Searching for radio and gamma-ray pulsars with Einstein@Home

Main Colloquium
Dr. Colin Clark
Max Planck Institute for Gravitational Physics/Leibniz Universität Hannover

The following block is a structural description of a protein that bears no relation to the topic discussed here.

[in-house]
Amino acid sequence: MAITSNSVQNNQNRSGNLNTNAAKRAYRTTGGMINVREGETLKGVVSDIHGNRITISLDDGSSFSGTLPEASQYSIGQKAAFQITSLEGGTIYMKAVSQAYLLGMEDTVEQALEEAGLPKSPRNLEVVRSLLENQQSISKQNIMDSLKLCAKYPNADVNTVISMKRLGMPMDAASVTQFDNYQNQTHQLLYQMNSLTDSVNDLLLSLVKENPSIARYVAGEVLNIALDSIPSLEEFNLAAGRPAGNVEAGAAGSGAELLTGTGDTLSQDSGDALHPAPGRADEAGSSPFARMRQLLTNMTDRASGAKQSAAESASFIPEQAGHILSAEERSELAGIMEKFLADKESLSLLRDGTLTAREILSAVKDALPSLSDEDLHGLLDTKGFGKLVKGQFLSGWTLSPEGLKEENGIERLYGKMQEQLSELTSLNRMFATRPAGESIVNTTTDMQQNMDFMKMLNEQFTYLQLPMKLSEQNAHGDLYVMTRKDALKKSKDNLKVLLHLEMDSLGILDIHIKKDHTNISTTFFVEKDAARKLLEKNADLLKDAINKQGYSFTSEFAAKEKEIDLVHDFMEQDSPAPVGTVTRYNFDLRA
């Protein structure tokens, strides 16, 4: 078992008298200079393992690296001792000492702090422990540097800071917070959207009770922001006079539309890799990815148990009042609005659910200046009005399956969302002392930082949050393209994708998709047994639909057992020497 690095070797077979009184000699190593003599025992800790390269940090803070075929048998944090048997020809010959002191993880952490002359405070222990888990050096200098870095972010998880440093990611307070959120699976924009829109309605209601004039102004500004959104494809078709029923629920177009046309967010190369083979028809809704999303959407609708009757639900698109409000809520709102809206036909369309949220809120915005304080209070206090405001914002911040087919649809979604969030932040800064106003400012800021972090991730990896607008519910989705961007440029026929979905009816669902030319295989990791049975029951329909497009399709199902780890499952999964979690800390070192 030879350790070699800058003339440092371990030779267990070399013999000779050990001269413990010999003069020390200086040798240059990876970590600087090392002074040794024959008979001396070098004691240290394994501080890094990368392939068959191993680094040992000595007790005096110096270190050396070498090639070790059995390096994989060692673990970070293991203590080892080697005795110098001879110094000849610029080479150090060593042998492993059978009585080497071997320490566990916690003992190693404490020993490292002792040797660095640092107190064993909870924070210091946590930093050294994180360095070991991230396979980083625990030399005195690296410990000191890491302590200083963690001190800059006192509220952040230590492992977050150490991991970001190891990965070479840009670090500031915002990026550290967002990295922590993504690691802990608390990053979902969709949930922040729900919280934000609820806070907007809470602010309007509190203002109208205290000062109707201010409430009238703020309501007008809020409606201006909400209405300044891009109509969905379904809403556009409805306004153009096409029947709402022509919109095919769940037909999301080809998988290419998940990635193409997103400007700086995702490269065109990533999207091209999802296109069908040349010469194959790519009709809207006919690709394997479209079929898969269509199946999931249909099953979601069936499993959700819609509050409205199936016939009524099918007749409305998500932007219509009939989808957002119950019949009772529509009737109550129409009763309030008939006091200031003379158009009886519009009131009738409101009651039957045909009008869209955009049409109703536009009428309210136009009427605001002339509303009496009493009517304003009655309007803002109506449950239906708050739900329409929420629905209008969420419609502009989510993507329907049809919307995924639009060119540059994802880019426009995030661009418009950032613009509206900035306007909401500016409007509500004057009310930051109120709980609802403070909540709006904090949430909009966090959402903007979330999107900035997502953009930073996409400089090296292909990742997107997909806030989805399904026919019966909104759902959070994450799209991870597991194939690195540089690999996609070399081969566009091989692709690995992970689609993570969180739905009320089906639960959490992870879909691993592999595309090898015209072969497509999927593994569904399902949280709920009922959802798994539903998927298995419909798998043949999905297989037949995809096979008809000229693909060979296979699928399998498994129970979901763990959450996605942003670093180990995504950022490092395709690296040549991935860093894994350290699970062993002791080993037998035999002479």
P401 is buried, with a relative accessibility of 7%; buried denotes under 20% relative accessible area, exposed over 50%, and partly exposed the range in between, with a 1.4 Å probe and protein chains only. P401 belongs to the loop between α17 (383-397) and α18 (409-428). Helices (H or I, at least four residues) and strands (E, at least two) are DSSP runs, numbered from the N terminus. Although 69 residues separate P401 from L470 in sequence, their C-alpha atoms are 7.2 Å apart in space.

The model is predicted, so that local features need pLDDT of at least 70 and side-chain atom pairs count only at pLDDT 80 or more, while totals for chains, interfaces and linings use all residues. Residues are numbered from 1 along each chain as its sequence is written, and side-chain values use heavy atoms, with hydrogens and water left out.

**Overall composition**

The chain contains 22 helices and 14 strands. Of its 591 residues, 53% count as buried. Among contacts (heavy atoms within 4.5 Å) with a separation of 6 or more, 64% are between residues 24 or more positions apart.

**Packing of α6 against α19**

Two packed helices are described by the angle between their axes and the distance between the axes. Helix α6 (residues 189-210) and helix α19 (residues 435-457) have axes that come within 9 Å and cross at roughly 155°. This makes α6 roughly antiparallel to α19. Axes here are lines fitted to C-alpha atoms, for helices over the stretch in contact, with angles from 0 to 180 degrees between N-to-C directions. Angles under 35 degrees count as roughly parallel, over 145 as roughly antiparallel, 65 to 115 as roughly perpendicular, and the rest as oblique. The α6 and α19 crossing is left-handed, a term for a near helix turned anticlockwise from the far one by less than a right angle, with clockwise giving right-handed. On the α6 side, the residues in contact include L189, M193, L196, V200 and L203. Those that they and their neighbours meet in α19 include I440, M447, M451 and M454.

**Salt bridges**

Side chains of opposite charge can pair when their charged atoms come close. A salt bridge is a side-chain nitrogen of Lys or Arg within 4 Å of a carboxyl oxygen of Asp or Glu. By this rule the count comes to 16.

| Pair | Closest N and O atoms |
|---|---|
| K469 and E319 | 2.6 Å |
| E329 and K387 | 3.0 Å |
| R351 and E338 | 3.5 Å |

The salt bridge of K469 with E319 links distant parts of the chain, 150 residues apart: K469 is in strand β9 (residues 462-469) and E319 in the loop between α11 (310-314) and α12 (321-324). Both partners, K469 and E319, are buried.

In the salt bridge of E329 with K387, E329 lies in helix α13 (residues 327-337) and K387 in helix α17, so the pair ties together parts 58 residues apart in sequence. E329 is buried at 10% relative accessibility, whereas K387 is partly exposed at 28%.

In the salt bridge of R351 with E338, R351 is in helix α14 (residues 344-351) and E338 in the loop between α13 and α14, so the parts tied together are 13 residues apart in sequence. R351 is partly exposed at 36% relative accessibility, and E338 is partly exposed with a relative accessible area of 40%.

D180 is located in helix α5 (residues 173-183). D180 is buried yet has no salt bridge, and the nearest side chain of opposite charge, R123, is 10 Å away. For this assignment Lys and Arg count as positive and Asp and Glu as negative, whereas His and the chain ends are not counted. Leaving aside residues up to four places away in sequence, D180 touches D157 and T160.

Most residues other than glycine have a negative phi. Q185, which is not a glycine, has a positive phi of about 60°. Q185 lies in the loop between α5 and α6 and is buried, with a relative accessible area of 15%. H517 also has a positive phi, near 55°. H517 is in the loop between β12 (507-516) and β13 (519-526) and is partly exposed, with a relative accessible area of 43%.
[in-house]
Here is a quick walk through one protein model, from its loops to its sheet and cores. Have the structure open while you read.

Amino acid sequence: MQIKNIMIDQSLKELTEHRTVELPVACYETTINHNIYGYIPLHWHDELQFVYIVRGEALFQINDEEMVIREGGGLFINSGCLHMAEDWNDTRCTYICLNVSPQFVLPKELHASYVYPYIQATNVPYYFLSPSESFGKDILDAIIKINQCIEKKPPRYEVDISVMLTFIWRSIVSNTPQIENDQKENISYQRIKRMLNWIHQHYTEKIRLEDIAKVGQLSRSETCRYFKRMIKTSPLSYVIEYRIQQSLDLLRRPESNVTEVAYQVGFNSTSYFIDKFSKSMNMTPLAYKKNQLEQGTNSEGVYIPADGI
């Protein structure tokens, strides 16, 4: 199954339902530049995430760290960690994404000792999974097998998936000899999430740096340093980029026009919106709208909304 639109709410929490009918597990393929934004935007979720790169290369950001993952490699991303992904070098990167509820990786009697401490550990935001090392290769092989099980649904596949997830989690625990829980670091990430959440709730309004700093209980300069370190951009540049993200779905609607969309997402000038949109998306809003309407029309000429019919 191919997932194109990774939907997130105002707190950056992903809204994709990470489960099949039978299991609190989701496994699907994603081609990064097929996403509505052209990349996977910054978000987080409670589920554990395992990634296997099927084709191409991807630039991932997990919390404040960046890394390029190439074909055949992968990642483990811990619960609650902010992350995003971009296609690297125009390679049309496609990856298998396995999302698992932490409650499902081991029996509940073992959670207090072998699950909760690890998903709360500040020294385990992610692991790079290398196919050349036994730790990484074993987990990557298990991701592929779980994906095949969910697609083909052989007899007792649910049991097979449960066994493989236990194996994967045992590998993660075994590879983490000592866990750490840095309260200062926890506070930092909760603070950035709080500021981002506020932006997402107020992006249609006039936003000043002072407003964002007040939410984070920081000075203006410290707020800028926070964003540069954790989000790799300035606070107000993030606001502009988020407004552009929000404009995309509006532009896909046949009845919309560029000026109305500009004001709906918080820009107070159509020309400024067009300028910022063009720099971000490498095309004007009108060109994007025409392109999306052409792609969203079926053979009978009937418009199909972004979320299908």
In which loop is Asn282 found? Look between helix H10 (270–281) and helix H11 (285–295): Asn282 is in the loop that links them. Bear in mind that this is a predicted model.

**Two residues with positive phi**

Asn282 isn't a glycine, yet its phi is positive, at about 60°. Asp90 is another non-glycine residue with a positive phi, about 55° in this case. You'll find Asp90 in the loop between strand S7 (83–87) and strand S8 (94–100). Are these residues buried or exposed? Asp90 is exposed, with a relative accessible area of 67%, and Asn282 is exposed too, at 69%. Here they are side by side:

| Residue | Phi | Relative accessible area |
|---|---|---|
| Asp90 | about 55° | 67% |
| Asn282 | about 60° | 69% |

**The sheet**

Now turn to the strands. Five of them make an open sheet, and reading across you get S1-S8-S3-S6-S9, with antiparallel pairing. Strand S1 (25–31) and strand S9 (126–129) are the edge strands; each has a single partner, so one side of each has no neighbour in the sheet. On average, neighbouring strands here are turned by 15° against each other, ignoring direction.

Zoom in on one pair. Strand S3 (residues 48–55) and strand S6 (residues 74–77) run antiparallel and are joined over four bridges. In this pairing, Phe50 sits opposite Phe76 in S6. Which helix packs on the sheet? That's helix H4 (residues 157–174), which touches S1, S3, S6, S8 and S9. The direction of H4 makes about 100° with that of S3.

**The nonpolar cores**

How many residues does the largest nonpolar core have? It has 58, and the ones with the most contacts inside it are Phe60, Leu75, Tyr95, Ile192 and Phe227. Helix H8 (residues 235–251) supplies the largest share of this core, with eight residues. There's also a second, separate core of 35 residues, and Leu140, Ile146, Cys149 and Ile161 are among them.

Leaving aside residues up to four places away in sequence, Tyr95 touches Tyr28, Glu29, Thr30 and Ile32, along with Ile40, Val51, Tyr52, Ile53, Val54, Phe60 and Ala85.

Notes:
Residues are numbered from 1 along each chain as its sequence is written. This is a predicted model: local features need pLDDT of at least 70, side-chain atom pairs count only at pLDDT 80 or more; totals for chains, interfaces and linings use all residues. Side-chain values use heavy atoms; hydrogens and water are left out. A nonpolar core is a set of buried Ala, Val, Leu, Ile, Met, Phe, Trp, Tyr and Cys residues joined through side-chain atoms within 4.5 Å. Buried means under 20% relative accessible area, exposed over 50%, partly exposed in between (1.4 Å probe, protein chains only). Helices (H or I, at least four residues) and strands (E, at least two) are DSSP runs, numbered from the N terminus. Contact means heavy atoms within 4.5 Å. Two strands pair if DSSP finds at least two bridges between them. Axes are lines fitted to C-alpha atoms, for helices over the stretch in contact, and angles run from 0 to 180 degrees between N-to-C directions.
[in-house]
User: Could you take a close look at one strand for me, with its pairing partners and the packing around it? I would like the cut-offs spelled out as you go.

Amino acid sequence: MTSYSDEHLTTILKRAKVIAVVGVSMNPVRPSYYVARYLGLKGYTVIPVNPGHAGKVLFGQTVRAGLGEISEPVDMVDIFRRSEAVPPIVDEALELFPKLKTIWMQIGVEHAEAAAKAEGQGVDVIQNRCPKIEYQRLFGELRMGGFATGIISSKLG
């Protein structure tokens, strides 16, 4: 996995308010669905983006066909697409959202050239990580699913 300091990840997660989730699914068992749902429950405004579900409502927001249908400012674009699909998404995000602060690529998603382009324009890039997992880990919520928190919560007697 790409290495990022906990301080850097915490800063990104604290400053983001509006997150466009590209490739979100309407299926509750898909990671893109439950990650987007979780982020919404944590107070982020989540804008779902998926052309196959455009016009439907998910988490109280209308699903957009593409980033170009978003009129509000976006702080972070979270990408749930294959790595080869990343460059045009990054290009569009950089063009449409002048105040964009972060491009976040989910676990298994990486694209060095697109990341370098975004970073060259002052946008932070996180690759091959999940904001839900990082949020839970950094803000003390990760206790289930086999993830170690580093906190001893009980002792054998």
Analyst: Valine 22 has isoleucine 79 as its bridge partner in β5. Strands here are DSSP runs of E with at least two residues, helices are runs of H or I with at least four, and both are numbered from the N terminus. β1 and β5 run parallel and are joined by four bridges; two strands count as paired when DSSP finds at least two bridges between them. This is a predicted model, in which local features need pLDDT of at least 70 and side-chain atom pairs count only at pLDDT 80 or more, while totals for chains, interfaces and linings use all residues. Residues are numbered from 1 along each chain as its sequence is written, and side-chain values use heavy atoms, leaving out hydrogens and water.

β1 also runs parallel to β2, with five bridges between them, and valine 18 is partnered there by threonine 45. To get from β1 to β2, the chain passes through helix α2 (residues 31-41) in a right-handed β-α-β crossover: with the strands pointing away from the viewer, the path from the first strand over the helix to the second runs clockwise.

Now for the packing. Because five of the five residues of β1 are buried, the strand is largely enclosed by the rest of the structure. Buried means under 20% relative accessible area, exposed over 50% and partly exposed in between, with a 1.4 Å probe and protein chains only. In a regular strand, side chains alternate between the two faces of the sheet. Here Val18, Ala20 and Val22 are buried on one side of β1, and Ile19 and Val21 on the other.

Searching for continuous gravitational waves from spinning deformed neutron stars is an extremely computationally demanding task, a result of incredibly faint signals, long data sets and a multi-dimensional parameter space to search over. The distributed volunteer computing system Einstein@Home was built to tackle this problem by aggregating the donated power from hundreds of thousands of CPUs and GPUs across the globe. While the discovery of continuous gravitational waves remains elusive, the efficient methods and computing resources developed for these searches can also be used to search for new radio and gamma-ray pulsars. In this seminar, I will describe how these methods can improve the sensitivity of pulsar searches, and the pulsar search projects that our group are performing on Einstein@Home using these techniques. These include searches for new black-widow and redback binary millisecond pulsars in data from the Fermi Gamma-ray Space Telescope, and searches for the most relativistic binary pulsar systems in Arecibo and MeerKAT radio telescope data. I will also present science highlights from among the nearly 100 pulsars that Einstein@Home has discovered, including a new black-widow system with the shortest known orbital period.